Egon – Behind the Curtain

Egon
Behind the Curtain

The songs I’ve heard from Egon in the past have sounded like an emo band trying to move in a new direction, a band that was trying new things and making some different strides. On this, their most recent full-length, Egon appears to have found that new direction. Leaving aside the emo trappings, Egon’s music fall somewhere between the straight-ahead rock, a more progressive rock sound, and even some retro influences.
What strikes me most about Egon are the vocals, a high falsetto that reminds me at times of Yes’ Jon Anderson and at others of Sunny Day Real Estate’s Jeremy Enigk. Sometimes, all it takes for a band to get attention is a hook, like a unique vocalist. But the vocals don’t overpower the music, which is a crisp blend of post-hardcore and straight-ahead rock, with power drumming, light and melodic guitar, thick bass lines, and some keyboard added for good effect.
There’s a serious bass groove on “The Flinches Have the Answers?” that works really well with the light, crisp guitar work. And it flows nicely into “The Blameful Ones,” which alternately features quieter, lighter moments with blasts of guitar-rock and driving rhythms. The band begins to really show off their rock tendencies, as the percussion really leads this song.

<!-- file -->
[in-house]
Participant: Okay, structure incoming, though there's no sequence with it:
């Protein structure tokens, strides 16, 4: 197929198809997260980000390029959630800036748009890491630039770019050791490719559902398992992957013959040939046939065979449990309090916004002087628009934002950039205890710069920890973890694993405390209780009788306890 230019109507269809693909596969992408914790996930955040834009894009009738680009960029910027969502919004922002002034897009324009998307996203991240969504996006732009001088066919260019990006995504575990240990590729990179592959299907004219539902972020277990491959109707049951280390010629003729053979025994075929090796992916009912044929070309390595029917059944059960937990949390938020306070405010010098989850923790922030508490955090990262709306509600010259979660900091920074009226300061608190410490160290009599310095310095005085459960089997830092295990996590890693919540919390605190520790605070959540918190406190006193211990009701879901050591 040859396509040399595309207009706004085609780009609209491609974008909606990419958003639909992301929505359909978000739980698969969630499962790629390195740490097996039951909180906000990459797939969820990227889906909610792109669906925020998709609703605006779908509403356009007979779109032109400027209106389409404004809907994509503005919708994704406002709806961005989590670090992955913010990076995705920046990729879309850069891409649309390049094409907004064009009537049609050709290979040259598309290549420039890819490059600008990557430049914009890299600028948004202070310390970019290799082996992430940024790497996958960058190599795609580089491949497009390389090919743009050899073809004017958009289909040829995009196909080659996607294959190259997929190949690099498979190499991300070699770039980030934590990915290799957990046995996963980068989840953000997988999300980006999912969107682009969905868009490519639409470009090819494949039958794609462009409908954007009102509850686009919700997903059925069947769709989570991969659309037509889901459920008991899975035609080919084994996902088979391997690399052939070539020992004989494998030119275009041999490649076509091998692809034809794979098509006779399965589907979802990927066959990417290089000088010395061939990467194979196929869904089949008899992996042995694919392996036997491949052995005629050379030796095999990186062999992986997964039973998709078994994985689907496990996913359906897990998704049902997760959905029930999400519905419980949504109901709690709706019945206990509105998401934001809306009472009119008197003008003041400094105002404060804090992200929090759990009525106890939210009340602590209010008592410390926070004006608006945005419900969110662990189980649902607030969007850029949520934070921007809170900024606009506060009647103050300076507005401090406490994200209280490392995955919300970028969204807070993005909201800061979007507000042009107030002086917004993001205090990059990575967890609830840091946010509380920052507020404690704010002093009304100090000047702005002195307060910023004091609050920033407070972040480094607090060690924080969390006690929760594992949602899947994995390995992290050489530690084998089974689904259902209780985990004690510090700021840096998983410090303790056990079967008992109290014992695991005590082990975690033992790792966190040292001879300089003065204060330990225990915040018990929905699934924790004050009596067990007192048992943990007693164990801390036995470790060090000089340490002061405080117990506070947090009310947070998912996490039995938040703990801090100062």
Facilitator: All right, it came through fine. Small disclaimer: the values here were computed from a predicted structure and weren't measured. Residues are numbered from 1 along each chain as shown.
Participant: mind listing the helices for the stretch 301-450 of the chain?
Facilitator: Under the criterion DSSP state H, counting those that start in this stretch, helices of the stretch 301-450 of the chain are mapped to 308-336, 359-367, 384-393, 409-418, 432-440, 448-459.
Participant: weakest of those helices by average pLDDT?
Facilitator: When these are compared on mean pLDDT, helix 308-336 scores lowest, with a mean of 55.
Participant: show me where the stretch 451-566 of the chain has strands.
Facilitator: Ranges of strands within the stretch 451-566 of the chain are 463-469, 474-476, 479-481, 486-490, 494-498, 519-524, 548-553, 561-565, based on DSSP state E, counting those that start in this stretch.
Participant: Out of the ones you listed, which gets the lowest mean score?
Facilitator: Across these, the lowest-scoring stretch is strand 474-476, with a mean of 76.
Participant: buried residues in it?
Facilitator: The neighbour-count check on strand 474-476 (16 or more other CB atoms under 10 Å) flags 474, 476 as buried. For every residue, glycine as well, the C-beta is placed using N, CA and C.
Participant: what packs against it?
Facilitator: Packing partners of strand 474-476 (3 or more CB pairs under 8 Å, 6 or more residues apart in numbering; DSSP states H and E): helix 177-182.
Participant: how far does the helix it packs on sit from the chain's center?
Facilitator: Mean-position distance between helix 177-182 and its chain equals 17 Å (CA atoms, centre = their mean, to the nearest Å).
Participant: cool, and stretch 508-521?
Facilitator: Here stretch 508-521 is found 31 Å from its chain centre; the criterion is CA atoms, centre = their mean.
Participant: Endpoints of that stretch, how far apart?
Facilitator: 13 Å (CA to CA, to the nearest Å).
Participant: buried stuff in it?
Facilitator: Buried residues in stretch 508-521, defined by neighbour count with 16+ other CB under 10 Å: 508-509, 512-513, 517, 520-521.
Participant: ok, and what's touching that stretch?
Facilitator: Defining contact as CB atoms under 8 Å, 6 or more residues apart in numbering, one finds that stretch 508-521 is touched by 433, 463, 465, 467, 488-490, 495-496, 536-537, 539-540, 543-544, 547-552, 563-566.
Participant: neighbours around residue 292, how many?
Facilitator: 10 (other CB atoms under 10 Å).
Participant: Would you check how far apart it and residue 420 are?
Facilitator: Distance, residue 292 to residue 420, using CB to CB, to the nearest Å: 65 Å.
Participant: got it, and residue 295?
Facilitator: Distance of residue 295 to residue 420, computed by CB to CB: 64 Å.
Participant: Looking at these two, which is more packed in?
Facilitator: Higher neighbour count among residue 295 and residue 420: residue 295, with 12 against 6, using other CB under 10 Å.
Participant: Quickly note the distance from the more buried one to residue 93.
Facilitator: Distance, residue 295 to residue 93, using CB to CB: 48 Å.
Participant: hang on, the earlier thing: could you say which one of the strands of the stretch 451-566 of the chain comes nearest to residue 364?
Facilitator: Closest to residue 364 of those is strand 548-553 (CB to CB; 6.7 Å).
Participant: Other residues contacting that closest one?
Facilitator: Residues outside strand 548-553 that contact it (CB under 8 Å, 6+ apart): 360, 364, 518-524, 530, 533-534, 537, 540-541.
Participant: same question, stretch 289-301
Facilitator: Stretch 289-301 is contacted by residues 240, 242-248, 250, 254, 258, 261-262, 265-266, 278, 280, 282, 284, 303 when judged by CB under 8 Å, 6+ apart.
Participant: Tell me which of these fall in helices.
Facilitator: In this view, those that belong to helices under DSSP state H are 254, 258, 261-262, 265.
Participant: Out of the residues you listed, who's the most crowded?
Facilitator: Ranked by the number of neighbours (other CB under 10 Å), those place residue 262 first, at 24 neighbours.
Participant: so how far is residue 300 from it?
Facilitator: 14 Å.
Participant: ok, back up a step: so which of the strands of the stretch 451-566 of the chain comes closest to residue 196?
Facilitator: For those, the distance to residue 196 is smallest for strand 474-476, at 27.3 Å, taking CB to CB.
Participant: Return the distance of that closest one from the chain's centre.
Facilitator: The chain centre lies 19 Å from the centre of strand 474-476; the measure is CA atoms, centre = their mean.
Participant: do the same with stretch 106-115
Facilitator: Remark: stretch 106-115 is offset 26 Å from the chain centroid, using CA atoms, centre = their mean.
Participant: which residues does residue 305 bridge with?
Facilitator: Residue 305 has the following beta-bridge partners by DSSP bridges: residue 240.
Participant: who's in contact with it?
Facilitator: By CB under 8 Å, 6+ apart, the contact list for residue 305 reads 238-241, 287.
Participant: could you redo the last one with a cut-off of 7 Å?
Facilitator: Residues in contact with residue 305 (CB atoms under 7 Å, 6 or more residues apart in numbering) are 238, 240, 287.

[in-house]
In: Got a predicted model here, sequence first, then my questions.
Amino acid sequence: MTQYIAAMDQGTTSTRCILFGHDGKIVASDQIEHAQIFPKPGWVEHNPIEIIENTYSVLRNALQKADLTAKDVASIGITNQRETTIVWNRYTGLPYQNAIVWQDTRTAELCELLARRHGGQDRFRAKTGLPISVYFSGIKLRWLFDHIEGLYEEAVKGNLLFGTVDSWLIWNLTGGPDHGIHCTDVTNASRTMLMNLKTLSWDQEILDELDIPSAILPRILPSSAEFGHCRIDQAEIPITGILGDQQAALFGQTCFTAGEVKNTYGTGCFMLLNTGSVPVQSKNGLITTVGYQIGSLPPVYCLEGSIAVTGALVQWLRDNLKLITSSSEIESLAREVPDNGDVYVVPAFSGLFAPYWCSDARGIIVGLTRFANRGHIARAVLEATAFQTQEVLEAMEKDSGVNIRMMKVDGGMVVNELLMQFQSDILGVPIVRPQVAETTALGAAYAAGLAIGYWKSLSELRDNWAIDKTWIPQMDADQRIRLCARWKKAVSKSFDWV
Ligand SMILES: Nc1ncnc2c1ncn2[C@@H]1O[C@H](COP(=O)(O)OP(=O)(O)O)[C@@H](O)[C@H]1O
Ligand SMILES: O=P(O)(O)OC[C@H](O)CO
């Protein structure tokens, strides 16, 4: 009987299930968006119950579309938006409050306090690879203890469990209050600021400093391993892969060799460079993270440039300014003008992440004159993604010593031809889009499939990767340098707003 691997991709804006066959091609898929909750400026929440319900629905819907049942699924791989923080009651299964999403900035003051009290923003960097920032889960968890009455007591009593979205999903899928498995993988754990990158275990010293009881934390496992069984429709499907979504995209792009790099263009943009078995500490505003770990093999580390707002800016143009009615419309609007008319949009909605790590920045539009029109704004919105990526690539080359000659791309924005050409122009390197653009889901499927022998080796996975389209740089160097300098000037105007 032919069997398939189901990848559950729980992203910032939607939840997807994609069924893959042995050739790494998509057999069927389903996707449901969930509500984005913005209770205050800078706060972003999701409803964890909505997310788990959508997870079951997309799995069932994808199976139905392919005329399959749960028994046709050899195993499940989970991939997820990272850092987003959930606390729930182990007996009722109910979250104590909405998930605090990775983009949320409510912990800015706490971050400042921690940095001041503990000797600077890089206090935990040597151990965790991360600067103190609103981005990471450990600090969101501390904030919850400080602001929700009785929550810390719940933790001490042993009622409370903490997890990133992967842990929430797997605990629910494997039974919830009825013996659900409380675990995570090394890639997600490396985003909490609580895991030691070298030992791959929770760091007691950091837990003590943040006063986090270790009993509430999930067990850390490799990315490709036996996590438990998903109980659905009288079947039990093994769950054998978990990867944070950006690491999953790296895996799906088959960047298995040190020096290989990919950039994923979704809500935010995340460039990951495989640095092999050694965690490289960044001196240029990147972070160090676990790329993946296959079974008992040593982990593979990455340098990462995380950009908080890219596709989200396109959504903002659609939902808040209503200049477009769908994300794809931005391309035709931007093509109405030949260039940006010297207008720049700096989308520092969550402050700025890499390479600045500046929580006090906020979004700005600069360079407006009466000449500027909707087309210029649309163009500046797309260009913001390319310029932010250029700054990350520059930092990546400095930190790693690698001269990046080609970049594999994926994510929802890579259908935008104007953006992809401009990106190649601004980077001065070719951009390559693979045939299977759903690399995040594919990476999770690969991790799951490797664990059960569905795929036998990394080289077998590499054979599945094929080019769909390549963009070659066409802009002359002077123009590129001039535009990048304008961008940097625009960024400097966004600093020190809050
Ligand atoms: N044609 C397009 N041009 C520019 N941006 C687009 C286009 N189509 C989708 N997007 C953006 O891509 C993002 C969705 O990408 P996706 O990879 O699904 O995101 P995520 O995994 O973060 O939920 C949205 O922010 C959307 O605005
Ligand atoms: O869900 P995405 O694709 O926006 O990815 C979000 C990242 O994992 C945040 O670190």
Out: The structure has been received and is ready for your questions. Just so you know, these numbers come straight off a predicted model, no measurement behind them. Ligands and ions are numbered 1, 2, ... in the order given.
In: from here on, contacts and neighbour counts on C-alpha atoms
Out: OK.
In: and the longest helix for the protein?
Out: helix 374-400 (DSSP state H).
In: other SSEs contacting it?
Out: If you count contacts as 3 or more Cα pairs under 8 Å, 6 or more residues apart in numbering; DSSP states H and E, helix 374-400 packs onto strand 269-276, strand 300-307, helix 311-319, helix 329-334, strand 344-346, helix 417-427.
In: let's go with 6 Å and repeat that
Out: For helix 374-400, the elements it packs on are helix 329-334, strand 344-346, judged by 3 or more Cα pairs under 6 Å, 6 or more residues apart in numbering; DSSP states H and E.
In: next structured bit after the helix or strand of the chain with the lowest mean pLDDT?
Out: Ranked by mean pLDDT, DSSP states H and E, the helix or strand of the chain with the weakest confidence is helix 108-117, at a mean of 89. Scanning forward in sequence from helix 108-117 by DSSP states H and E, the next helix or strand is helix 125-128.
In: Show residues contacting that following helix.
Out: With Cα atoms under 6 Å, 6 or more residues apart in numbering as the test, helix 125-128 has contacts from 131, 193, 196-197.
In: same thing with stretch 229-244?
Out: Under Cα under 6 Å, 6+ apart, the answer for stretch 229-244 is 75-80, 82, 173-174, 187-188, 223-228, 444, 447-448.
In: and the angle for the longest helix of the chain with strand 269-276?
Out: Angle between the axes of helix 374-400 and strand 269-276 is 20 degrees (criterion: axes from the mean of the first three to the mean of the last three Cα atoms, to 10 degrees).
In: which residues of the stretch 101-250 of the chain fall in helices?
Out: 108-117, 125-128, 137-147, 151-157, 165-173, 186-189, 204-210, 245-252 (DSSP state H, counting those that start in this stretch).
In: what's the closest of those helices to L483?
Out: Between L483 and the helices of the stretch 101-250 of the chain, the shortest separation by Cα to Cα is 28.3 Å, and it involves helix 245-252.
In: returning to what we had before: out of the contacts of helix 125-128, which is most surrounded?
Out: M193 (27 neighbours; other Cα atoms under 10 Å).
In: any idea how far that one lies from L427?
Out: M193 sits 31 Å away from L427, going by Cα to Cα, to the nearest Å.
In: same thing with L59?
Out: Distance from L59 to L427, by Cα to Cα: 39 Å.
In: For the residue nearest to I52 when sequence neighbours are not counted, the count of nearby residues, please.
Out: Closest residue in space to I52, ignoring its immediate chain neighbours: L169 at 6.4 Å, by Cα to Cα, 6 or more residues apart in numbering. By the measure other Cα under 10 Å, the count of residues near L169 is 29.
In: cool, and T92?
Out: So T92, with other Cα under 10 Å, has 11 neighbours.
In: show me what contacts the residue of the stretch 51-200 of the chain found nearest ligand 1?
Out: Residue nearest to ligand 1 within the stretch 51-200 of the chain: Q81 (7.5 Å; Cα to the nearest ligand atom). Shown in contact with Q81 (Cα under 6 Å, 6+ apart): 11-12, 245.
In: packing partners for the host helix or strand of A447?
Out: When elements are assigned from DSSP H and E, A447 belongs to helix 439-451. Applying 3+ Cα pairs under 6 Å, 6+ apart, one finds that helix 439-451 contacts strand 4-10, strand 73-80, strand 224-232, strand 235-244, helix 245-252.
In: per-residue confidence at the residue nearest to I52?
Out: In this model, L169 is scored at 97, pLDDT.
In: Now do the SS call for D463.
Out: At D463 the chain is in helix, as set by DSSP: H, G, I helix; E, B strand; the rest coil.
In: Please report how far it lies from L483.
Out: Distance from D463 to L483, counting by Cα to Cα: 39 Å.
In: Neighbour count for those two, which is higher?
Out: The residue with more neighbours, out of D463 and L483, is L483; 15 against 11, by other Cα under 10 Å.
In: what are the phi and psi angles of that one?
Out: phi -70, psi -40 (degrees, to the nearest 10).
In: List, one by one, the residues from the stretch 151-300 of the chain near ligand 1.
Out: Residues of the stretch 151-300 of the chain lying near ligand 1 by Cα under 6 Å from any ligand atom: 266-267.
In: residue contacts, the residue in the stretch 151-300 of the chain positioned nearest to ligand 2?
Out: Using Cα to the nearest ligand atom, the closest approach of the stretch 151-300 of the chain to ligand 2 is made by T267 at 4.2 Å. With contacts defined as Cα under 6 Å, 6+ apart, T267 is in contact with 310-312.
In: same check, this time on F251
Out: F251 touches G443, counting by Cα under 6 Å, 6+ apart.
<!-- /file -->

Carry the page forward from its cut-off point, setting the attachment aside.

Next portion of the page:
The album quiets a bit, flowing into the instrumental “Hostages to Progress” and the melodic yet quieter “Destituted.” These songs stretch above the 5 minute mark but don’t get repetitive, instead conveying a quieter and tighter feel. This is where Egon shines the most, however, with tight, crisp structures and flowing, melodic guitar, letting the vocals provide the intensity. On “The Modest You,” the band steps up another notch, with more driving rhythms and layered guitars and vocals to rock a little harder.
The keyboards, a new addition to the band’s repertoire for this release, make themselves felt on the light and lovely “We All Ponder.” This one works especially well with subdued vocals and the perfect layering of guitars and bass. The band rocks out instrumentally, probably their most rocking track, on “Hubbub.” The closer, “Writer of the Human Malice,” clocks in at over 8 minutes, and it shows off the band’s melodic and punk roots while still maintaining their crisp melodies and driving rock feel. This song gets louder and softer, but by the time that 8-minute mark hits, you just want it to go on.
If post-emo can be genuinely applied as a genre for bands like Camden and The Gloria Record, Egon would likely fall into that category. But their music has a more rock focus, with moments of intense rock finding their way into the band’s tight and melodic songs. Add Yes-like vocals, and Egon really differentiates itself from the crowd. This is an impressive rock album.